In this chapter we can learn that Kevan was, after the High Septon of course, the driving force behind Cersei's walk of shame. He didn't so much as encourage it, but he certainly did not take any steps preventing it, in full knowledge of its implications. Like Cersei, he recollects memory of the walk of shame that Tywin engineered for his father's consort, and he knows exactly what it will do to Cersei's station, a knowledge that the queen herself only gathers in the middle of it. His objective obviously was to remove Cersei from power, but not to kill her, since he hopes she will survive, and to put her back to Casterly Rock out of the way. That plan is now blown to hell by Varys, who in the same turn also got rid of another Lannister power source at the Red Keep, Pycelle, in both cases blaming Tyrion and thereby adding further distractions.

It's interesting in this chapter to see again the long-term effects of Cersei's bad calls. On the one hand, the Faith has become such a power that neither Kevan nor Mace Tyrell can ignore it. The High Septon has become a player, and it will only be a matter of time until he or one of his successors becomes aware of the situation and tries to use it to his advantage. The Targaryens may try to make common cause with the Faith, and even succeed given the alternatives, but after that they will face the same internal opposition as the first Aegon did. On the other hand, the royal coffers are totally empty, all sources of money dried up. No one lends the Iron Throne any more money since Cersei ceased payments to the Iron Bank. That's only natural; who would want to lend money to someone known not to pay back at his convenience? Stannis' word, on the other hand, is iron, and the Targaryens, given their success, are more liable debtors as well. Great work there, Cersei. Harys Swyft will surely not sway the minds of the bankers, that's for sure.

As to side notes, Storm's End seems to become the number one propaganda objective. Everyone wants to hold it to prove just who succesful he is on the battlefield, but it is only taken by guile, magic and subterfuge. Second, Tommen mentions the "bad" tomcat again that Arya already chased and which likely is the kitten Balerion. Nice touch there. And third, we see little children serving in the Red Keep all over the place. If they were mentioned before so explicitly I totally missed it, but when one of them leads Kevan to Pycelle's chambers, you surely can see how Varys' network of little birds works.


  1. Heads up, people. This isn't the last post. The last post is scheduled for tomorrow, with an extensive review of the book after the reread. Stay put! ^^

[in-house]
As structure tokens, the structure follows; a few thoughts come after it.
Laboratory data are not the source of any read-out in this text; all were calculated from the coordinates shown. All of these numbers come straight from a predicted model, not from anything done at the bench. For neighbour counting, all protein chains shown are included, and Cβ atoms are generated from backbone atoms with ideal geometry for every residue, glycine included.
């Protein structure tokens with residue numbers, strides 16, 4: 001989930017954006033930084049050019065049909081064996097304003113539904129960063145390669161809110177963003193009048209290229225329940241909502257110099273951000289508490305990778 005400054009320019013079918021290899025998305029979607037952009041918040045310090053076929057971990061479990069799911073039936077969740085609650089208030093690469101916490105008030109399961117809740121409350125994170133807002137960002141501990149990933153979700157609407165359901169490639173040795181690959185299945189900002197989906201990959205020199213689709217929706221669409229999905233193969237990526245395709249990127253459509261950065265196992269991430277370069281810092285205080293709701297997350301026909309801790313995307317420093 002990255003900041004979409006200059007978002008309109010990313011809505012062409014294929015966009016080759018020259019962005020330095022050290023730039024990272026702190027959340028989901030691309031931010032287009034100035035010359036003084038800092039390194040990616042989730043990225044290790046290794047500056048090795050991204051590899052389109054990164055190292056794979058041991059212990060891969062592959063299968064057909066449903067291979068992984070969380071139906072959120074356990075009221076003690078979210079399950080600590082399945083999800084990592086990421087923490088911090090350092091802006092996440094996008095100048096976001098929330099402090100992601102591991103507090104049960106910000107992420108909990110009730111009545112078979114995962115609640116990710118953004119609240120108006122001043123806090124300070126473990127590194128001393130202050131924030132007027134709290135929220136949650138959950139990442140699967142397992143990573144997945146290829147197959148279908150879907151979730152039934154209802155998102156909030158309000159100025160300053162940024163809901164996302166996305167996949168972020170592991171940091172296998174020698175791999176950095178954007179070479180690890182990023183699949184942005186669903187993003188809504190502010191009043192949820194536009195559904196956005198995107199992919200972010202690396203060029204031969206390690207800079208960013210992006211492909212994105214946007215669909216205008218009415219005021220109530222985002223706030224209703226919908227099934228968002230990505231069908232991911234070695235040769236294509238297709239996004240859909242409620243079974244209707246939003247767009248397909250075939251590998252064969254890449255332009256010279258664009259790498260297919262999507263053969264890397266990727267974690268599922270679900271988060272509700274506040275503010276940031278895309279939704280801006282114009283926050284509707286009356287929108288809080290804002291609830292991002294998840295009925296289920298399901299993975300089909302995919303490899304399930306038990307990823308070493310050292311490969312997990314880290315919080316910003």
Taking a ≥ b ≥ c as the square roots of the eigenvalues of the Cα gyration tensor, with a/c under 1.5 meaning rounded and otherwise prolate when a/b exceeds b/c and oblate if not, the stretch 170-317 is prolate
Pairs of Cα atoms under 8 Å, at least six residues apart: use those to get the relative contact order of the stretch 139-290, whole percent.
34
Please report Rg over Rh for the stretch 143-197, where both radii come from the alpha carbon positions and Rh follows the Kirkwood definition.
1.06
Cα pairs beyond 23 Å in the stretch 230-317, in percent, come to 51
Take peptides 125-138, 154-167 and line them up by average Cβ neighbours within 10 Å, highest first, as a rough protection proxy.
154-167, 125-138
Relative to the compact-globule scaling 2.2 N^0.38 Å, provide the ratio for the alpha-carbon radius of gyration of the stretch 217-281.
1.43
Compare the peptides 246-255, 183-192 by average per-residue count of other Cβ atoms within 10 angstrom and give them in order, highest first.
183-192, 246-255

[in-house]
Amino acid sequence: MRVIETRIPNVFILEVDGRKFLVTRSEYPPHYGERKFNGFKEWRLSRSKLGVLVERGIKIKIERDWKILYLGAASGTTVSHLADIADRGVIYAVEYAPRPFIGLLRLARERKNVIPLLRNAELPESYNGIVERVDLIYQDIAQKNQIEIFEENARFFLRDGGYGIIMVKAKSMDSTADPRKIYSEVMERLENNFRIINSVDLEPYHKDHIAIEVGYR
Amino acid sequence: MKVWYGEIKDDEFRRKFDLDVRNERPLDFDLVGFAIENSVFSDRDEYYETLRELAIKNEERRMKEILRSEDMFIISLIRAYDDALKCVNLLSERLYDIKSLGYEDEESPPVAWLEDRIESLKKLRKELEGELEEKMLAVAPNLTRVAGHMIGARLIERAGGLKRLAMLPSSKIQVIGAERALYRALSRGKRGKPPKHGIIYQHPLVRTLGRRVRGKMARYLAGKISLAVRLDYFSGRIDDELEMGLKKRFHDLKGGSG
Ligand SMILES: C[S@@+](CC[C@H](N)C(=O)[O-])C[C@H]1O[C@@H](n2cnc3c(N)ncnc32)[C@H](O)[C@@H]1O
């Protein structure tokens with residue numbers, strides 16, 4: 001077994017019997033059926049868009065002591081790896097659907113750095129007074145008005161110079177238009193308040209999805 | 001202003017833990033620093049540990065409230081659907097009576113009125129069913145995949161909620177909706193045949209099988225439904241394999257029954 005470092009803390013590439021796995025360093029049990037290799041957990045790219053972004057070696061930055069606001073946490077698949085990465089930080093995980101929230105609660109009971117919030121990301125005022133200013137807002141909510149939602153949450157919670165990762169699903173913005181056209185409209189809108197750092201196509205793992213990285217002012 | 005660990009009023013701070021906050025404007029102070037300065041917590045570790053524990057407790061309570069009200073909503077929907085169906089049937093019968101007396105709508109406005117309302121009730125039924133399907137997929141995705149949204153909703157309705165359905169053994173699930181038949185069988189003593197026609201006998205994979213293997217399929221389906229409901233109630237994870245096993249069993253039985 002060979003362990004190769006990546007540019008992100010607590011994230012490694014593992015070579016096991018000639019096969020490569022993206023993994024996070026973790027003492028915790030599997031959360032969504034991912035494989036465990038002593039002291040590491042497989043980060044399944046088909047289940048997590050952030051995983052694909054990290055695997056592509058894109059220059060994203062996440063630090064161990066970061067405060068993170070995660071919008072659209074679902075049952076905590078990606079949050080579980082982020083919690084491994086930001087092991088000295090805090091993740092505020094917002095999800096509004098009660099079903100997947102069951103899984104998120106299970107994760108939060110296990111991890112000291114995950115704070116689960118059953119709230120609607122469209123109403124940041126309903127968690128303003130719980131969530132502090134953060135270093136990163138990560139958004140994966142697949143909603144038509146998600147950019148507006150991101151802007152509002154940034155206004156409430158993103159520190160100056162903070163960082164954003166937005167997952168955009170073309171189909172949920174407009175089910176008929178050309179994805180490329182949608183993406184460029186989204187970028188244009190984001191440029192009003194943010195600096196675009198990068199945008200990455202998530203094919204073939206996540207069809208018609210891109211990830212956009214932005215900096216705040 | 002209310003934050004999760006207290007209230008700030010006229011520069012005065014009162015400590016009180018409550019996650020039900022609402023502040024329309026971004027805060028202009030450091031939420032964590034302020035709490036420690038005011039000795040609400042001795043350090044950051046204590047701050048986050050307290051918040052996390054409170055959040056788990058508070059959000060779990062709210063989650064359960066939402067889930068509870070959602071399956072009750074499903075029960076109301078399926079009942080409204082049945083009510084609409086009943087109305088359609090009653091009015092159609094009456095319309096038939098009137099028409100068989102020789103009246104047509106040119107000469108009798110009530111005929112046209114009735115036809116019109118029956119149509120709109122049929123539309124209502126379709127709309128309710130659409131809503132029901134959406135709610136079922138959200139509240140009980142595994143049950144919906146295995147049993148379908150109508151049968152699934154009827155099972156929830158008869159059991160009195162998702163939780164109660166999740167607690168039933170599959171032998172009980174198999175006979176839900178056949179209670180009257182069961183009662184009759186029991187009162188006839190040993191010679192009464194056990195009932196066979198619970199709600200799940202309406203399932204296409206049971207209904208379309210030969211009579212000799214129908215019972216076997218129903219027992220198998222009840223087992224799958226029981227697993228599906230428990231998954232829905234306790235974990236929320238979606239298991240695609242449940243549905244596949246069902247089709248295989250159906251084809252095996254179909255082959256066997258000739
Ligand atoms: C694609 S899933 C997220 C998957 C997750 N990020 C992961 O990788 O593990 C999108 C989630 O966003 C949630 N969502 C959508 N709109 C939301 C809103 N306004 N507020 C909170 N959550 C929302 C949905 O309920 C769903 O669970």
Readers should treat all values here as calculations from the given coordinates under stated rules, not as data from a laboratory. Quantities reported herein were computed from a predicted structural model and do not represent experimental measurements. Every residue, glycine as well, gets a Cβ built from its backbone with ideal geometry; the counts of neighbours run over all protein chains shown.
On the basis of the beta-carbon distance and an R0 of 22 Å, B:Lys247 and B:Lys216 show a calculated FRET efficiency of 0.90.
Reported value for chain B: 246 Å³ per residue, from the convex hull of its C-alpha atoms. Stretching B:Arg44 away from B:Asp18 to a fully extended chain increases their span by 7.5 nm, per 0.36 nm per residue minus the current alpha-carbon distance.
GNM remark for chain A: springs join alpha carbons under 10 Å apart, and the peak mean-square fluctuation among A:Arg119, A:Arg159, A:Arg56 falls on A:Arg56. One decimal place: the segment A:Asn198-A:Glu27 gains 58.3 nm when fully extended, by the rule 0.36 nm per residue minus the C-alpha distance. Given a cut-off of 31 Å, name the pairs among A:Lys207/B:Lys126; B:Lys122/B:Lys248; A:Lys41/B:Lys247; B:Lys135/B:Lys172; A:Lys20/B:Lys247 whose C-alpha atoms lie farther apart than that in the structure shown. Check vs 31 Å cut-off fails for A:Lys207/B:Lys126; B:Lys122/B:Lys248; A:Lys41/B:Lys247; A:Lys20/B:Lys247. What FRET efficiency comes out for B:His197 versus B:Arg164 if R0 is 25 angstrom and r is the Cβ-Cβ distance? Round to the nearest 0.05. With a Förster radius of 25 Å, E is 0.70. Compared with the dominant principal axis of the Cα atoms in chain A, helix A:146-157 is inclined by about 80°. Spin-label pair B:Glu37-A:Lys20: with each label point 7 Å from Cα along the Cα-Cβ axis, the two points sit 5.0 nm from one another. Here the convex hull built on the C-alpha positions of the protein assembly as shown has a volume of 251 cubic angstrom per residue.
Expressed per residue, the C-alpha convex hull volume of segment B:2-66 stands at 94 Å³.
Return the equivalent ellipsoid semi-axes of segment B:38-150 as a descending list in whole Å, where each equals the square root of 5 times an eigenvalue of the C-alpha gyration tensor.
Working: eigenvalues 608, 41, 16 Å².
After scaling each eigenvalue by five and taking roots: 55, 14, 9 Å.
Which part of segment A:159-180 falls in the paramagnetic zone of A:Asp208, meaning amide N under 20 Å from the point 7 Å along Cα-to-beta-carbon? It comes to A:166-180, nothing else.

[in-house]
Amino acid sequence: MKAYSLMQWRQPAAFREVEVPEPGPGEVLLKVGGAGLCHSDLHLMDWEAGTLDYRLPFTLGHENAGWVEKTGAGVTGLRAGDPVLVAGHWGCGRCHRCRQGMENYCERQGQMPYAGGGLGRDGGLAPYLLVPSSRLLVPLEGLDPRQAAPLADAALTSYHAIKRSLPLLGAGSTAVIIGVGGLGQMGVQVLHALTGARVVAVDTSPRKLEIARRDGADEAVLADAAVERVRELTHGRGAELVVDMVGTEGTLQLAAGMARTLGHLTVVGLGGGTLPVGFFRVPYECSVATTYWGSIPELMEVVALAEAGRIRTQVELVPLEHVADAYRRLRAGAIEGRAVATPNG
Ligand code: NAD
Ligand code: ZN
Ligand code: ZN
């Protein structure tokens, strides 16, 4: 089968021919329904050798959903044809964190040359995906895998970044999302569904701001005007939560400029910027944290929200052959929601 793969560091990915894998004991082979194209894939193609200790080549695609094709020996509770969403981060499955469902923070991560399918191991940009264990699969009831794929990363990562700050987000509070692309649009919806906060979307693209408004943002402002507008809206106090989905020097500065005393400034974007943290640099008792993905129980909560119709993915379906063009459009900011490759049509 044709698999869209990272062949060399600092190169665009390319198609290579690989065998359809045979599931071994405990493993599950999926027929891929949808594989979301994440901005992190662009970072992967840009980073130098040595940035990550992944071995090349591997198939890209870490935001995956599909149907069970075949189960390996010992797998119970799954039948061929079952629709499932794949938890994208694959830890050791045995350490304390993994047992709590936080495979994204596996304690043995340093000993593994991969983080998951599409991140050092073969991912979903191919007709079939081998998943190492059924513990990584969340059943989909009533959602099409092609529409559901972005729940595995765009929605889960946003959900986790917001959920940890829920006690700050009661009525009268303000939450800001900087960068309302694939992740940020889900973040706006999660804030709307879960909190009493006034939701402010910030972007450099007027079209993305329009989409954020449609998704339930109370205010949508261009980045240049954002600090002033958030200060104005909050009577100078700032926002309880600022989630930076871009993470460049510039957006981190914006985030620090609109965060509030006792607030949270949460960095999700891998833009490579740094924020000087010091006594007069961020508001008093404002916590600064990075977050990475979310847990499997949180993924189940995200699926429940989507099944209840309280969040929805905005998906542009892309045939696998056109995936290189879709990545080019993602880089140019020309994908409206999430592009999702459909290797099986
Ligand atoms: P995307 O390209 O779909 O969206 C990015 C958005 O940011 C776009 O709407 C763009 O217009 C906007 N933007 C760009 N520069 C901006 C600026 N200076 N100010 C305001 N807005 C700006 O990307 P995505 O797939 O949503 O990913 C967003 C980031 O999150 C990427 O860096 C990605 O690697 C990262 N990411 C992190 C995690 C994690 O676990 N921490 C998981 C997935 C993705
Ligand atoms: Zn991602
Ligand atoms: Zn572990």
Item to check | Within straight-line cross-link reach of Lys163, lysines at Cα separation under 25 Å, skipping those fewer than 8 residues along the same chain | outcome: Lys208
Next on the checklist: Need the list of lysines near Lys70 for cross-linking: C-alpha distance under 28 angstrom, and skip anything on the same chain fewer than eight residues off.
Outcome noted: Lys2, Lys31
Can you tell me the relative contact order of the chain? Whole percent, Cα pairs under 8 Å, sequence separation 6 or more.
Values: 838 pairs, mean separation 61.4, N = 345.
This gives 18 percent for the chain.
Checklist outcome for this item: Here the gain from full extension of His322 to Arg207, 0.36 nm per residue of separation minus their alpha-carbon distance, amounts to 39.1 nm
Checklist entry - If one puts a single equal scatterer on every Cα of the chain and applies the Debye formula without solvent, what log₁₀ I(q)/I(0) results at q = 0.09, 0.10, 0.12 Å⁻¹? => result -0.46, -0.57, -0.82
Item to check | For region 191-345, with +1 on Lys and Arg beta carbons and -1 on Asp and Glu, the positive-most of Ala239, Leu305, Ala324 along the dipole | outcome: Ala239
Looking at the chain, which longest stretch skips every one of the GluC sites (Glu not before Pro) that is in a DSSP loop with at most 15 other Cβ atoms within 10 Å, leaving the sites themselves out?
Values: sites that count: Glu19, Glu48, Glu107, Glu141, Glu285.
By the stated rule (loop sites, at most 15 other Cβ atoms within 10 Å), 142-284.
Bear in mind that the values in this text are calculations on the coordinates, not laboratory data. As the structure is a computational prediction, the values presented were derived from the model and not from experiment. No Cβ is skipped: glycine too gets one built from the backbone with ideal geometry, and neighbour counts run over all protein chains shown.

2. The little birds may have been mentioned back in Game of Thrones when Littlefinger points out one of Varys' spies to Eddard. Likely Varys has integrated them into the regular staff in the Redkeep, which shouldn't be hard to do given the number of servants and likely hostages there already, very well pulled off though.

  3. I know that they were mentioned in GOT already, what I meant was them serving in the staff so explicitly.

  4. They weren't exactly hiding though, so they'd need some kind of cover for them to be picked out openly. Staff made the most sense in any event.

  5. Varys's little speech about Aegon at the end is why I think Aegon is going to fail - and meet a bad end. He's almost Arthurian: raised in secret, educated in secret, secret crown prince, and trained to be a King.

    The problem is, this isn't an arthurian story, and Aegon's supposed positives seem a little thin. He's never known hunger or fear in the way Daenerys did when she was young, having been sheltered his entire life. He's never sat in court, never shadowed a leader in the way that Jon, Robb, Tyrion, or even Sam has. The one time he was put into a do-or-die situation (the Bridge of Dream), he froze in place.

    Even Varys's claim that Aegon "knows" that kingship isn't his right but his duty strikes me as wrong. Aegon didn't even realize that his appearance in front of Daenerys might be less than convincing until Tyrion gave him a reality check. To him, the kingship was his right. He's a paper prince so far.

  6. U could say that Varys' idea of Aegon have been given to other characters. Stannis sees the Kingship as his duty, Dany has been hunted and hungry, Jon has shadowed a leader. Aegon seems to have been pampered and is reckless. Yet he may lead to the fall of the Lannister-Tyrell regime, particularly as the Reach is occupied by Euron.